FIG. 7 is a cross-sectional side view of a sixth embodiment of loudspeaker of the invention;
FIG. 8 is a cross-sectional side view of a seventh embodiment of loudspeaker of the invention;
FIG. 9 is a detail of a modification;
FIG. 10a is a schematic side view of an eighth embodiment of loudspeaker of the invention;
FIG. 10b is a schematic side view of a ninth embodiment of loudspeaker of the invention;
FIG. 11 is a schematic side view of a tenth embodiment of loudspeaker of the invention;
FIG. 12a is a perspective view showing one form of attenuator for a duct termination; and
FIG. 12b is a perspective view showing another form of attenuator for a duct termination.
BEST MODES FOR CARRYING OUT THE INVENTION
The invention relies on largely phase uncorrelated, diffuse radiation properties of a sound source or generator e.g. a flat resonant bending wave panel, for example of the kind described in parent application Ser. No. 08/707,012 (and in counterpart publication WO97/09842) to allow coupling to an acoustic fluid, normally air, contained in a shallow volume well coupled to the source of sound energy. In contrast to the coupling aspects of correlated e.g. pistonic devices which suffer problems due to path length differences, phase cancellations and subsequent power irregularities, a diffuse source allows for good integration of acoustic power over its radiating surface and that power may be conducted via fluid coupling to a remote point via a duct. Modal resonances which are normally severe in such a duct are mitigated due to the diffuse uncorrelated nature of the acoustic energy entering the duct.
The duct termination may radiate directly, which if in the form of a narrow slot or similar aperture has wide directivity and is not frequency controlling or frequency selective. If modified directive properties are required then various sizes shapes and combinations of acoustic horn known to the art may be added to the open end of the duct.
The principle of diffuse coupling may extend to simple single reflective elements acting as vestigial horns or part ducts, and the length of the duct may be varied to a point where the horn section is almost directly presented to the diffuse source.
A notable feature of the invention is that the duct can be presented in the plane of the radiator and achieve effective action. Also the sound energy on the surface of the source can be divided and directed down more than one duct or wave guide, and these may be of unequal lengths and if required the several outputs recombined smoothly after passage down the ducts wave guides.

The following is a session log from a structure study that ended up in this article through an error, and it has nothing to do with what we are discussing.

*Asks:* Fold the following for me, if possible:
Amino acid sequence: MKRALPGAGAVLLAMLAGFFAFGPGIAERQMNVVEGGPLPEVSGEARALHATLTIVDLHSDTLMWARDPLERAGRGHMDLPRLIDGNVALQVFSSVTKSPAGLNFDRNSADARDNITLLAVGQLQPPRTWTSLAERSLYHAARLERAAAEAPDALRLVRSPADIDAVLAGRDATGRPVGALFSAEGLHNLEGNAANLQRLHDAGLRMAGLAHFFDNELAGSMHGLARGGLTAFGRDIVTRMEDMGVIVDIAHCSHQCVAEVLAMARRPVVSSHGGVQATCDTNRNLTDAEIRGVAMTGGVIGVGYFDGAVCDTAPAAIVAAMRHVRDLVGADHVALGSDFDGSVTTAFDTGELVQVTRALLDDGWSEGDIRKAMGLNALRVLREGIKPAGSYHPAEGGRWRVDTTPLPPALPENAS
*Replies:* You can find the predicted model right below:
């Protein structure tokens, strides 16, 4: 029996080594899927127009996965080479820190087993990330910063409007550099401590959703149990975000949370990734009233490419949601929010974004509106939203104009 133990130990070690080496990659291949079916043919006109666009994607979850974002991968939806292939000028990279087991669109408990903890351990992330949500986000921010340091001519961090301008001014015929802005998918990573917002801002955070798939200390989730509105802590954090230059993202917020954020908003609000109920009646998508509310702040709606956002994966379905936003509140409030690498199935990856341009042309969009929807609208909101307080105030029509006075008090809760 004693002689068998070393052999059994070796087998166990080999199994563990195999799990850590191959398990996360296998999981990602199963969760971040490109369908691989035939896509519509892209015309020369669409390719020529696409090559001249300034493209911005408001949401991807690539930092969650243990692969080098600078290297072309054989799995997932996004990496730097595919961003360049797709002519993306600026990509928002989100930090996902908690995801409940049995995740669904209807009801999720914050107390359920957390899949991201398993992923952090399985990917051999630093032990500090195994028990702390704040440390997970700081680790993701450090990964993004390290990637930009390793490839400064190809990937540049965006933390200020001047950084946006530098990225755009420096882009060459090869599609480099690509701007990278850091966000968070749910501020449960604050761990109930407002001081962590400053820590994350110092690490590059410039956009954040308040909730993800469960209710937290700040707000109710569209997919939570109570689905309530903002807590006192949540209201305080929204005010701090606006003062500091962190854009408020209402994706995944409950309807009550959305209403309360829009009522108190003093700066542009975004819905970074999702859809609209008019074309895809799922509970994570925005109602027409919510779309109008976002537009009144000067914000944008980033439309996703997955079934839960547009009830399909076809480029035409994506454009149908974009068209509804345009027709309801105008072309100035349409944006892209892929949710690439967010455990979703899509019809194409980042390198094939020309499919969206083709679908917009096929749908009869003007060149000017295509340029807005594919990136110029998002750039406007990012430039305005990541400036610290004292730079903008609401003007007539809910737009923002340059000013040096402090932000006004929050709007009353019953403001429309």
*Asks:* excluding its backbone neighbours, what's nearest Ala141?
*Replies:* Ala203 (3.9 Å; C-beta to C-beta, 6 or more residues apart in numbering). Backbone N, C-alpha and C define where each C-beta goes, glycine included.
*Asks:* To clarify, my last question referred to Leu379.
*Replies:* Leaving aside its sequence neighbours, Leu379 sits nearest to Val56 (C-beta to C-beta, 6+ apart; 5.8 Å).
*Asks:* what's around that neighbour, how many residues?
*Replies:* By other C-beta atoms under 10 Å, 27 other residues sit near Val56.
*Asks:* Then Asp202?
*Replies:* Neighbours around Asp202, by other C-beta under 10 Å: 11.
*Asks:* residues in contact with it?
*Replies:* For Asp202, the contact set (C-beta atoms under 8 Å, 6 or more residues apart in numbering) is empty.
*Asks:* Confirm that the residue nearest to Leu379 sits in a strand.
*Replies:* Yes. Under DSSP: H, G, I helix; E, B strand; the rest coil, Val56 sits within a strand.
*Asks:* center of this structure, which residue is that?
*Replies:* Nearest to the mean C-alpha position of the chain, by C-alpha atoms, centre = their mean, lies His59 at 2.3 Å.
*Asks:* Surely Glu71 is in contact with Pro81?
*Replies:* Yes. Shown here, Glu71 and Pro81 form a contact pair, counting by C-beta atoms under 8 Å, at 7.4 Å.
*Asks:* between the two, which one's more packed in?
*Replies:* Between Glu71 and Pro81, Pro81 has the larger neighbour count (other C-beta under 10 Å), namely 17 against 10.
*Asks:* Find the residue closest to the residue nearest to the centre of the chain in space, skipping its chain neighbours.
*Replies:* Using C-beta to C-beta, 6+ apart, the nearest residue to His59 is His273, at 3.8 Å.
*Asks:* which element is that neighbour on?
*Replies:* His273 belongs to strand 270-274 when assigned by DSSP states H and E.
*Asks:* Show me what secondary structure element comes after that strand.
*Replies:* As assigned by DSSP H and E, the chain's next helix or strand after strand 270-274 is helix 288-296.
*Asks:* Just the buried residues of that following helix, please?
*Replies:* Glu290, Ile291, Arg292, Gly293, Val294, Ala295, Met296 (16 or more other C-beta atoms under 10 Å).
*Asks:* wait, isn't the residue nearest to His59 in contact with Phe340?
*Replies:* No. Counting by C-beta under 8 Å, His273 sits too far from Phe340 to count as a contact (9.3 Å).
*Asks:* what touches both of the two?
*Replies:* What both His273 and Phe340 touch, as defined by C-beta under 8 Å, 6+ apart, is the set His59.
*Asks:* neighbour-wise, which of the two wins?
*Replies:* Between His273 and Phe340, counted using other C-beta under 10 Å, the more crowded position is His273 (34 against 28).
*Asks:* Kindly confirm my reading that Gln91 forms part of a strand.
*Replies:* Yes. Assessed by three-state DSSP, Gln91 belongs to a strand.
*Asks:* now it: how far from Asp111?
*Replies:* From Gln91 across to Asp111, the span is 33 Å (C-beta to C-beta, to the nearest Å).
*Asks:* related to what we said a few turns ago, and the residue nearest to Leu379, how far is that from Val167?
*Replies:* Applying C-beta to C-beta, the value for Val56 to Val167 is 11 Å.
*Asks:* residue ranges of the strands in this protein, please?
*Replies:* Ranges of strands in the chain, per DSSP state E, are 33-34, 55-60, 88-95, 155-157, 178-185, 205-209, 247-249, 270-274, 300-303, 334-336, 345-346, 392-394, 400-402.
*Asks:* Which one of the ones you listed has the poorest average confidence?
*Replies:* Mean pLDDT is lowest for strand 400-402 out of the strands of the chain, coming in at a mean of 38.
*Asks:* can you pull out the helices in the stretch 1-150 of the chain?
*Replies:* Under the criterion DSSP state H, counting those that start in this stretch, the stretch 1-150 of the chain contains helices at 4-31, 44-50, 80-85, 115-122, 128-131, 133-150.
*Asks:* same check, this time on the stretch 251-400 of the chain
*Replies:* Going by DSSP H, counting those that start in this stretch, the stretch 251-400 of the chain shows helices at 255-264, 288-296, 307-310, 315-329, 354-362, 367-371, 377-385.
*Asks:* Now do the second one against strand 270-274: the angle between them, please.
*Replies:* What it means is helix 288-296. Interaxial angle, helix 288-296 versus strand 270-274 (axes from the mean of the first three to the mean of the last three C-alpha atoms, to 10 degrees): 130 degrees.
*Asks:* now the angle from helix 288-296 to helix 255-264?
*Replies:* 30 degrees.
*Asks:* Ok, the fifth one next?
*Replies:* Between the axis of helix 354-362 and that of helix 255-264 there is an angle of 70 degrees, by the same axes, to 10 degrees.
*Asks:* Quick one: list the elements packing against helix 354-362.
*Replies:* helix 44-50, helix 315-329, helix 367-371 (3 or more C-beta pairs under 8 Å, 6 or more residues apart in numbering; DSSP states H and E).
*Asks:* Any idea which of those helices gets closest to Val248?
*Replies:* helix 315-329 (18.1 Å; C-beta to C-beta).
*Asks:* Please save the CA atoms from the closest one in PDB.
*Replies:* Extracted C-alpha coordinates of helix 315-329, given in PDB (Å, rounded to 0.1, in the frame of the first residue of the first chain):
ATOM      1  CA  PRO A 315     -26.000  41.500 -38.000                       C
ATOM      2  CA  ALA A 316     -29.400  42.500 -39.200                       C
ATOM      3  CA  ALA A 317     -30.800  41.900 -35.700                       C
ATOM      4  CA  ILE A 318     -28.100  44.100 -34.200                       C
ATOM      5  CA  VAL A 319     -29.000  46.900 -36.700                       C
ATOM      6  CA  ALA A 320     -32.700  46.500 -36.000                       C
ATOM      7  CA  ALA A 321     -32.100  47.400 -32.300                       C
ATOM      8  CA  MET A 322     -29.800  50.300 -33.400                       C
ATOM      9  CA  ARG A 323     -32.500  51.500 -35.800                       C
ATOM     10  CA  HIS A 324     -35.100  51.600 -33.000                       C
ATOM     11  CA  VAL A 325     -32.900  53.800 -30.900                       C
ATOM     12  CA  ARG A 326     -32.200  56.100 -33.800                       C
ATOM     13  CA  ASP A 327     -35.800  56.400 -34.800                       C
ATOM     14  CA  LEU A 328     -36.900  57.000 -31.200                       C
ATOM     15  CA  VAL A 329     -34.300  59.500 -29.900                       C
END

Twin ducts may be used to utilise the energy from both sides of the diffuse source. The preferred source is one or more bending wave panels but other such sources include an array of small conventional pistonic speakers fed phase randomised signals or an array of digital speaker elements driven by signals suitably processed to provide a diffuse acoustic function. The duct provides a beneficial integrating function which may be designed as a low pass acoustic filter to complete the desired response from an array element digital speaker.
The twin ducts may be laterally disposed to provide sound at two separated locations e.g. across the passenger compartment of a vehicle benefiting from a single centrally or near centrally located sound generator.
The duct may be straight, curved or folded to allow a slim assembly to be fitted into difficult locations where conventional speaker could not be placed.
Wide range sound may ducted to substantially small radiating apertures, for example the slots (normally disguised behind an acoustically transparent grille) at the sides of a television monitor. Duct performance may be further enhanced by cellular subdivision to inhibit cross standing waves.
The duct and/or horn has a low frequency loading function which may be simply calculated using lumped parameters. This may beneficially load the sound source to enhance the low range performance by added/matched air mass and by a baffle effect due to extended path length between the front and rear of the sound generators where relevant.